FitzGerald Explores Future of Working In-Office While Designing Next Studio

This year, FitzGerald is acting as both client and designer of the firm’s future studio space at 200 West Adams Street in Chicago. We’re taking advantage of the opportunity to tell the story not only of the process from the designer’s perspective but also weave in our thoughts as the future users of the space and a design firm pondering our next home. In our last installment, FitzGerald president Mike DeRouin discussed the thinking behind the move and what has changed since the firm moved to 912 West Lake Street in 2000.

Though the wheels were already in motion prior to the COVID-19 pandemic of 2020 and 2021, the resulting shakeup of commercial real estate presented an opportunity for FitzGerald to seek our next studio location as prices began to shift and new spaces became available. Once space was secured at 200 West Adams Street, the design team set to work revisiting the plan for the office to make sure it would support our staff and clients’ needs for productivity, flexibility, wellness, and comfort.

Like so many other companies, the public health crisis mandated that FitzGerald move its operations fully remote. Fortunately, we were able to lean on resources already in place to keep operations running at full strength with no delay and minimal adaptation curve. The viability of this remote work dynamic had been proven, and it will become a long-term component of how we work in the future.

At the same time, the challenges of remote work emerged as the key values to having a collaborative location outside the home office where employees can gather: face-to-face collaboration with teams and clients, an office as an event space and showroom for our design abilities, as well as supporting/sharing our culture of learning and fun. Our new studio is destined to become a hub for these activities–dedicating more space to meetings and creative collaboration, and reducing the footprint of workstations by leveraging desk sharing and remote work.

To really explore the ways in which our space will differ from an older, more conventional design, we offer these conceptual bubble diagrams contrasting the way the office might’ve been designed in the mid 2010’s compared to our plan moving forward.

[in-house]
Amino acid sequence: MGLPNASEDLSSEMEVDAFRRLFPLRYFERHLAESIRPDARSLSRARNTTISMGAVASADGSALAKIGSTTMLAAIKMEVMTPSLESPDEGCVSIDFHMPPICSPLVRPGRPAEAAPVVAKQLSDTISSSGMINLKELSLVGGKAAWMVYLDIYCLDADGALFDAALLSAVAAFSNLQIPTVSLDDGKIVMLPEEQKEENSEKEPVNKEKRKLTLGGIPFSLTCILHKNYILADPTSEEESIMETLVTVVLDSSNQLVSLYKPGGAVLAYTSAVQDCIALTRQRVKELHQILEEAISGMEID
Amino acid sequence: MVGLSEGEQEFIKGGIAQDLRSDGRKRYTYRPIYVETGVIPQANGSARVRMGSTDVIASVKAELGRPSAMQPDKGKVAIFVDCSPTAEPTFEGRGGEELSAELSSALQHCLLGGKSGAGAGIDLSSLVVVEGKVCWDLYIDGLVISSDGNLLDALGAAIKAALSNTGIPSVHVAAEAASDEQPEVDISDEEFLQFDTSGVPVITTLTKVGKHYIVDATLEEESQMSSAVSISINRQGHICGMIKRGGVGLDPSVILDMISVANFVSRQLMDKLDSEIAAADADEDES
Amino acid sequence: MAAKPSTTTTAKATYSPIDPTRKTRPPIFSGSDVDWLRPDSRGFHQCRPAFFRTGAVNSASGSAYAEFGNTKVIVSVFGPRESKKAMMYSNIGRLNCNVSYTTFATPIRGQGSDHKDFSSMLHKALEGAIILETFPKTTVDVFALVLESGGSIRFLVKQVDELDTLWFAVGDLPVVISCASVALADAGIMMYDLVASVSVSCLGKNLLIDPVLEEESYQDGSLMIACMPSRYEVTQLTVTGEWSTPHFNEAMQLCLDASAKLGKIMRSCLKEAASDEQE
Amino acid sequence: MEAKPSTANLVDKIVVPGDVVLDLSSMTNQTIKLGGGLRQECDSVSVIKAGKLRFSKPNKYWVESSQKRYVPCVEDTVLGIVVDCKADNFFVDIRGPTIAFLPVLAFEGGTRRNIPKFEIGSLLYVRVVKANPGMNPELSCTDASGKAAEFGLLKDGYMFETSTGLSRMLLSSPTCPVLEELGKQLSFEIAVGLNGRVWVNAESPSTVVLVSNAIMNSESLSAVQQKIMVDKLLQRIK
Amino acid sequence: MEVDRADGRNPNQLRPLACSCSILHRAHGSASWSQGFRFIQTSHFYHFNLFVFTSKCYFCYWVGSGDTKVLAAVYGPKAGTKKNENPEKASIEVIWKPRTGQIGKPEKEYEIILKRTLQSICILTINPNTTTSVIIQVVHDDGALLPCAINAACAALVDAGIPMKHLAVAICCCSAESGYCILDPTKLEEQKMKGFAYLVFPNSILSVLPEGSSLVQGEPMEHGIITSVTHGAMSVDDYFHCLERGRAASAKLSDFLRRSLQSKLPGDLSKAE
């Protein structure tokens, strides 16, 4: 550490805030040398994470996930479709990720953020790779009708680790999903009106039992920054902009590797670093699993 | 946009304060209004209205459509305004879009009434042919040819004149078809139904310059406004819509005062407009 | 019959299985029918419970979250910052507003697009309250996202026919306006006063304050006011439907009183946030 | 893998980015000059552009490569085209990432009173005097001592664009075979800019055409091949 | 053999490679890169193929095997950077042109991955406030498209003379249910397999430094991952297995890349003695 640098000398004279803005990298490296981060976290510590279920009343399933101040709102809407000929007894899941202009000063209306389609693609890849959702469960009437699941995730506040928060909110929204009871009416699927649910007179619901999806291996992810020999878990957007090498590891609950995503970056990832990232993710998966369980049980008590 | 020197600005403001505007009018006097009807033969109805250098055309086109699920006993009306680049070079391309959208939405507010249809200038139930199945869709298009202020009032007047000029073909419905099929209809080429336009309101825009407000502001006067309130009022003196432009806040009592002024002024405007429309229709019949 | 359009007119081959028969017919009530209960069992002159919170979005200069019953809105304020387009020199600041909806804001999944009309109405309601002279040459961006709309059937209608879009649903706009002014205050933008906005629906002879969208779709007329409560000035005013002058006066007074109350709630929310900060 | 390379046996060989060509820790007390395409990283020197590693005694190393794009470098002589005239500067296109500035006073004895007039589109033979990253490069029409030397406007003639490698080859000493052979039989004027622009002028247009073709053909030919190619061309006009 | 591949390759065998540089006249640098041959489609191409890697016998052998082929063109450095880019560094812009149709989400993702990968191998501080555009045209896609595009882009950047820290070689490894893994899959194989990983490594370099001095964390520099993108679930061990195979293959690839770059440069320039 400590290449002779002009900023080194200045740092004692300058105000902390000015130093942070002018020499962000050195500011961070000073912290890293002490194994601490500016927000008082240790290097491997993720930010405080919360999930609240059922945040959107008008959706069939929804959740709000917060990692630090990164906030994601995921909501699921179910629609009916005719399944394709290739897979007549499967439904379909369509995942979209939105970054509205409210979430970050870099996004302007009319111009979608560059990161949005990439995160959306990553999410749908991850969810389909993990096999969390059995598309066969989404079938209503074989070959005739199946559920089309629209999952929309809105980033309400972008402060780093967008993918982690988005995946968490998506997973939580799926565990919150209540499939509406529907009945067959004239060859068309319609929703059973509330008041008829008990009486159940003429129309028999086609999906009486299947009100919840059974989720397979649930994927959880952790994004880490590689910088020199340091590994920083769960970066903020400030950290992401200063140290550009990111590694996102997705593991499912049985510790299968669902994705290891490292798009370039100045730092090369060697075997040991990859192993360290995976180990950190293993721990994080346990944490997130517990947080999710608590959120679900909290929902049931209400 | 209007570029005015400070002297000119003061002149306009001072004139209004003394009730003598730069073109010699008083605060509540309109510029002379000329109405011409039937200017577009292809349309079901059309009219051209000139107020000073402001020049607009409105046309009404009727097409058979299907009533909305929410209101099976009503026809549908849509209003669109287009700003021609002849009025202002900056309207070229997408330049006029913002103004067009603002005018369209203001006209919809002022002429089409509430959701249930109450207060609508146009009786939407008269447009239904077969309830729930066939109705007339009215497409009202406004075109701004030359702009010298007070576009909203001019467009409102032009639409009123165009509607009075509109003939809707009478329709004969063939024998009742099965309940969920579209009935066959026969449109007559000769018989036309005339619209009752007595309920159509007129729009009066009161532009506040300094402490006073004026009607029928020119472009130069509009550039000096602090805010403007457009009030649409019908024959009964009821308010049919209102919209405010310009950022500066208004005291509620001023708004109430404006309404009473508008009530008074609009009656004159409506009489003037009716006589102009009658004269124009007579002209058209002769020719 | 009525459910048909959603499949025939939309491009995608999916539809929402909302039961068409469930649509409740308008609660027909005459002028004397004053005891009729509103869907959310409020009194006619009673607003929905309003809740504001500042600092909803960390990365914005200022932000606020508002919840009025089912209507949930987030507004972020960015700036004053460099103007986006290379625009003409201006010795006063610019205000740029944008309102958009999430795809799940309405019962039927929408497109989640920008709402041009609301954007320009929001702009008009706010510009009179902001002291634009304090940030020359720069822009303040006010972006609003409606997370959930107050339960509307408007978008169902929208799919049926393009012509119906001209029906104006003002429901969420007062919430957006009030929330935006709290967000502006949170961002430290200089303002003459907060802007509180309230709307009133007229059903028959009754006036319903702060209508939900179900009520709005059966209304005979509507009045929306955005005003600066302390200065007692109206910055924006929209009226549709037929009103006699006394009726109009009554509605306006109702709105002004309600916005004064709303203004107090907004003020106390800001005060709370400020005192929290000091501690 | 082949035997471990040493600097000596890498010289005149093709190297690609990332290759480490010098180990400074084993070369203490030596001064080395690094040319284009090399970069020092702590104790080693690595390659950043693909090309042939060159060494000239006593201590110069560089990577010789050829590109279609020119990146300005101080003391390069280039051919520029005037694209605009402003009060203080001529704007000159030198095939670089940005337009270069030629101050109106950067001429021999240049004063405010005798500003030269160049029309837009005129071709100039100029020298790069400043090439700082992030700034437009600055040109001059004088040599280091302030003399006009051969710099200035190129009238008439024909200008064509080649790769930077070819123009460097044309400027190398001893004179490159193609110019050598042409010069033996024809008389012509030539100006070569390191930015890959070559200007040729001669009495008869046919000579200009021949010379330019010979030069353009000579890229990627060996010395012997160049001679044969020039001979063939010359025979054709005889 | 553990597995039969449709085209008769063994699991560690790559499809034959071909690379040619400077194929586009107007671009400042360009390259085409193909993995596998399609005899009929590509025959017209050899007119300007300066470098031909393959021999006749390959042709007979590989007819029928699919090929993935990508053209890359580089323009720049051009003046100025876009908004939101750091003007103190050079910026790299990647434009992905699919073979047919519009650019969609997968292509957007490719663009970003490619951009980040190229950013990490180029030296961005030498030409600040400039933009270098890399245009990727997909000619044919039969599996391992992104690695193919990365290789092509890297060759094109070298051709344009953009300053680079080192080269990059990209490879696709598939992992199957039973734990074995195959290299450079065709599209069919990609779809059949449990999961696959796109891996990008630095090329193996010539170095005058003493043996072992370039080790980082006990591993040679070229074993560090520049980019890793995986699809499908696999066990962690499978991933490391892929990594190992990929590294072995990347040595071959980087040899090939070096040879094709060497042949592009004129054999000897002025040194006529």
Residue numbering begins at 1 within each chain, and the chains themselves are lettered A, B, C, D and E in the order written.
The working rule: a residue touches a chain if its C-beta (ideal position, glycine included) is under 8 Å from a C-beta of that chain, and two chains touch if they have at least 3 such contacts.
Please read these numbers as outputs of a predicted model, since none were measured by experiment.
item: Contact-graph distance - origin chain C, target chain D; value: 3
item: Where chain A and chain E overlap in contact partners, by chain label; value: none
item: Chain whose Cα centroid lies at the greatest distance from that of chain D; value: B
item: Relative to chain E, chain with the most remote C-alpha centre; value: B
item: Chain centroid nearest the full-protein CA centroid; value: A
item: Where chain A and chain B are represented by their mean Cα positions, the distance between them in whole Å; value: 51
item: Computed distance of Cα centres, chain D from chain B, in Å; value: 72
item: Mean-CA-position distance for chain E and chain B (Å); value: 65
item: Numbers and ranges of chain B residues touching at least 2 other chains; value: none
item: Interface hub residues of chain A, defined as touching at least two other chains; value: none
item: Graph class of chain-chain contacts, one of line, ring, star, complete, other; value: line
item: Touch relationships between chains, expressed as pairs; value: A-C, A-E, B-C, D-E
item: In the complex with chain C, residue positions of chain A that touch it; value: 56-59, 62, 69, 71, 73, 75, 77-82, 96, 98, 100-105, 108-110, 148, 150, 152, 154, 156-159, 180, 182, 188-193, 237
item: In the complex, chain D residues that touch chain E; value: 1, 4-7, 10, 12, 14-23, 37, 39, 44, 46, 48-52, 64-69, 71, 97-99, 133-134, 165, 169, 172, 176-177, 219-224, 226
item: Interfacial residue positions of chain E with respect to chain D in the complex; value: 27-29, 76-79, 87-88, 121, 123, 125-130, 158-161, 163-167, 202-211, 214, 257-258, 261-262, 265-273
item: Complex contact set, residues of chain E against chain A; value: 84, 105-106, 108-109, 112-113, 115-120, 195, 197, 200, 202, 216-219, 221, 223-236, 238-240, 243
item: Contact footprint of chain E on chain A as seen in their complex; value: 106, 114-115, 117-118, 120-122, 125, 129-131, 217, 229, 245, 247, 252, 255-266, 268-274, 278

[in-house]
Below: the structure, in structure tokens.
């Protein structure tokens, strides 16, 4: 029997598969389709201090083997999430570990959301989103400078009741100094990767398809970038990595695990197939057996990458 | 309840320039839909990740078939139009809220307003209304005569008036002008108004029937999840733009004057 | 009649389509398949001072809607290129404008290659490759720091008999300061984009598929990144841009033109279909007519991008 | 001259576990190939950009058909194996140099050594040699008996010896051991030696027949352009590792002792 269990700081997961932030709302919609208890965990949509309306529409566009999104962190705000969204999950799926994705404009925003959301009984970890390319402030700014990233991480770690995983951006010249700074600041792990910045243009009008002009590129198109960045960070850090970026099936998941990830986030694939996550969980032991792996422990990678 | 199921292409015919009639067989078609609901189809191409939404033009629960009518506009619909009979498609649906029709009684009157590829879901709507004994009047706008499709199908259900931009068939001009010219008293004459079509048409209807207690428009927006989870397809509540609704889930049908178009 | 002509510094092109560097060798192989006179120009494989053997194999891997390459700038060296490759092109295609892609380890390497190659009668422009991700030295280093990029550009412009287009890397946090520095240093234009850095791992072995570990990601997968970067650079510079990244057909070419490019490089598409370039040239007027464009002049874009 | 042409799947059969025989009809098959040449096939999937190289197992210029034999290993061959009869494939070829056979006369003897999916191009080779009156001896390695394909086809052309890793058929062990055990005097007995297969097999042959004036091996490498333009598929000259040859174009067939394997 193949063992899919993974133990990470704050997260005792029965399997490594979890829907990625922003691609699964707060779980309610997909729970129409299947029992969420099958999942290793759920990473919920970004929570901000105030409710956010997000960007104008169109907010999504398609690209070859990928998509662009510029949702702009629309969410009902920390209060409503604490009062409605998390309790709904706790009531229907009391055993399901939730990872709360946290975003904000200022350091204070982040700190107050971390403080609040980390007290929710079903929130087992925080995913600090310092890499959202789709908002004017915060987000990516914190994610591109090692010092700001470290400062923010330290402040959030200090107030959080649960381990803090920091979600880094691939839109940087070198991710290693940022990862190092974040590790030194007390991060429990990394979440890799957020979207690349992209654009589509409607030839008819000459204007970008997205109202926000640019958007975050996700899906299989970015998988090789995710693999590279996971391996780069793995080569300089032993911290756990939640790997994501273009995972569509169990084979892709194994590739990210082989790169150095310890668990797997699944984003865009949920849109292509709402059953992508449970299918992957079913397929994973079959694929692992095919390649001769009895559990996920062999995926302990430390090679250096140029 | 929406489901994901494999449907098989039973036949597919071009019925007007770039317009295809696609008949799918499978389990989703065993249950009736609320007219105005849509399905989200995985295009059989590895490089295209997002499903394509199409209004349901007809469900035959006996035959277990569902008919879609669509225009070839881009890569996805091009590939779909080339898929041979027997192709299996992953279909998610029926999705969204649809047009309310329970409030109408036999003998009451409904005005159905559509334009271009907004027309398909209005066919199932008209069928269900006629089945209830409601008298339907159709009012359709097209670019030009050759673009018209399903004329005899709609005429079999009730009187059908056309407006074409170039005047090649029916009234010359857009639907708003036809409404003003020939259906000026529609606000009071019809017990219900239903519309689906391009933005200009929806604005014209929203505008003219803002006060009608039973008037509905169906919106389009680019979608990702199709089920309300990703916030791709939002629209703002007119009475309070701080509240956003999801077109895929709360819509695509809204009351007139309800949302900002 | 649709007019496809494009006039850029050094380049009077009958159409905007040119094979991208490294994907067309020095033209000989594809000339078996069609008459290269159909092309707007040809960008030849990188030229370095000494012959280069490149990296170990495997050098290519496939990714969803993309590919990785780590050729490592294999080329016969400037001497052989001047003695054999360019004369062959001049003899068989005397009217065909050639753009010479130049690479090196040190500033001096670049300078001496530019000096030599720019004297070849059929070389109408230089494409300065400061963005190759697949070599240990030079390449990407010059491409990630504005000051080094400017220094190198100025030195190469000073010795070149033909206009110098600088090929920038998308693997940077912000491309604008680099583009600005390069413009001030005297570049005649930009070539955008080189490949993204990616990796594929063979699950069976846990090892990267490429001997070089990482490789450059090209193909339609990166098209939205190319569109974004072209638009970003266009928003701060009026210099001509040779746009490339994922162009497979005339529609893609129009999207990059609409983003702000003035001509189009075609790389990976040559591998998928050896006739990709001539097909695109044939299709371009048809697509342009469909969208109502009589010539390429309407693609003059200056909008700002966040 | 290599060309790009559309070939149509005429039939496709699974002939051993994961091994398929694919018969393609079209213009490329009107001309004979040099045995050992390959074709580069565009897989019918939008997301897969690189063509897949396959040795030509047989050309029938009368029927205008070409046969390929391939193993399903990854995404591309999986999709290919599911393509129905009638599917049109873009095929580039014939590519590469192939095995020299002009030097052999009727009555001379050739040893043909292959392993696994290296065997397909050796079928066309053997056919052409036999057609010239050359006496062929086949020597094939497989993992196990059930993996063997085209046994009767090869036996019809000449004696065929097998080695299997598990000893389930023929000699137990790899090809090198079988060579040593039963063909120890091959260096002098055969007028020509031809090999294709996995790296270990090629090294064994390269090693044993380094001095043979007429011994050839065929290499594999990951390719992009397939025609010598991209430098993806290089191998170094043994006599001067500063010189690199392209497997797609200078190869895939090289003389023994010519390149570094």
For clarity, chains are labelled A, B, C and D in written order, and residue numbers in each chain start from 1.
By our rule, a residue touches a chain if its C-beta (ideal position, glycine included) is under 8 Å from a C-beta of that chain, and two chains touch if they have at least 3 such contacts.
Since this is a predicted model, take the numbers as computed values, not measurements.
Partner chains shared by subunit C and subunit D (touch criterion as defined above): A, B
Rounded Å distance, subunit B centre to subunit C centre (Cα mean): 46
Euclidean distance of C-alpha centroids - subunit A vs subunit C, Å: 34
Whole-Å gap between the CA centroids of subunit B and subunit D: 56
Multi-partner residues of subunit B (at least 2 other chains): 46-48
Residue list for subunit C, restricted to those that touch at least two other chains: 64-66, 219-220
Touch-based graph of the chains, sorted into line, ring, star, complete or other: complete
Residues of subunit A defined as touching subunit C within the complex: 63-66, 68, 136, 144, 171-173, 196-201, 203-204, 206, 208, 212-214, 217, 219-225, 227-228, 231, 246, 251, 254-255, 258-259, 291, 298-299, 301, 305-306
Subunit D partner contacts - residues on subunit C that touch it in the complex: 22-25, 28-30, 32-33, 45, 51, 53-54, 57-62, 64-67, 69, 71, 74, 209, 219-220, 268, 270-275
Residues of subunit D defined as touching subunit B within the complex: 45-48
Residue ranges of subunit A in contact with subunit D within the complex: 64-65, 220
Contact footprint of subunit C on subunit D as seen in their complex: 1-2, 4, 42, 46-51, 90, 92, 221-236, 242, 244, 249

“2010’s-style” office layout (for comparison)
Actual Future FitzGerald office layout

Since our office serves as a central hub for collaboration and client service, the heart of our office’s culture and connection–the lunchroom and break spaces–were moved from the back-of-house and combined with a lobby to create a hospitality-like café experience that allows employees, clients, and guests to mingle, meet, and get work done. The new café will support staff meetings, co-working, and even public industry gatherings. Our hope the space will become a comfortable spot for our clients, staff and colleagues to linger and get some work done between meetings.

Beyond the café, visitors reach a trio of conference rooms, fully equipped to host both virtual and in-person gatherings of between 8 and 30. Smaller huddle rooms, suitable for internal collaboration or small external meetings, lead to the open studio space. The space dedicated to adjustable-height workstations has dropped from about 30% to 23%, with the remaining studio space being dedicated to open collaboration areas using a mix of large communal tables and lounge seating. These dynamic zones come together to allow staff to seek the workspace that supports their needs that day, from energetic shared spaces to quiet areas for focus. In addition to these numerous work-focused areas, all staff will have access to wellness suite, private phone rooms, and lockers, as well as to the expansive building amenities (which includes a fitness center with a yoga room and rock climbing wall!) to support their personal needs and well-being.

Technology, wellness, and sustainability will be woven into the fabric of our new office. Conference and collaboration spaces will support strong connections to remote employees and firm infrastructure. We will seek certifications from both the WELL Building Institute and the U.S. Green Building Council, promoting health and well-being in our space as well as a commitment to monitor and minimize our impact on the environment.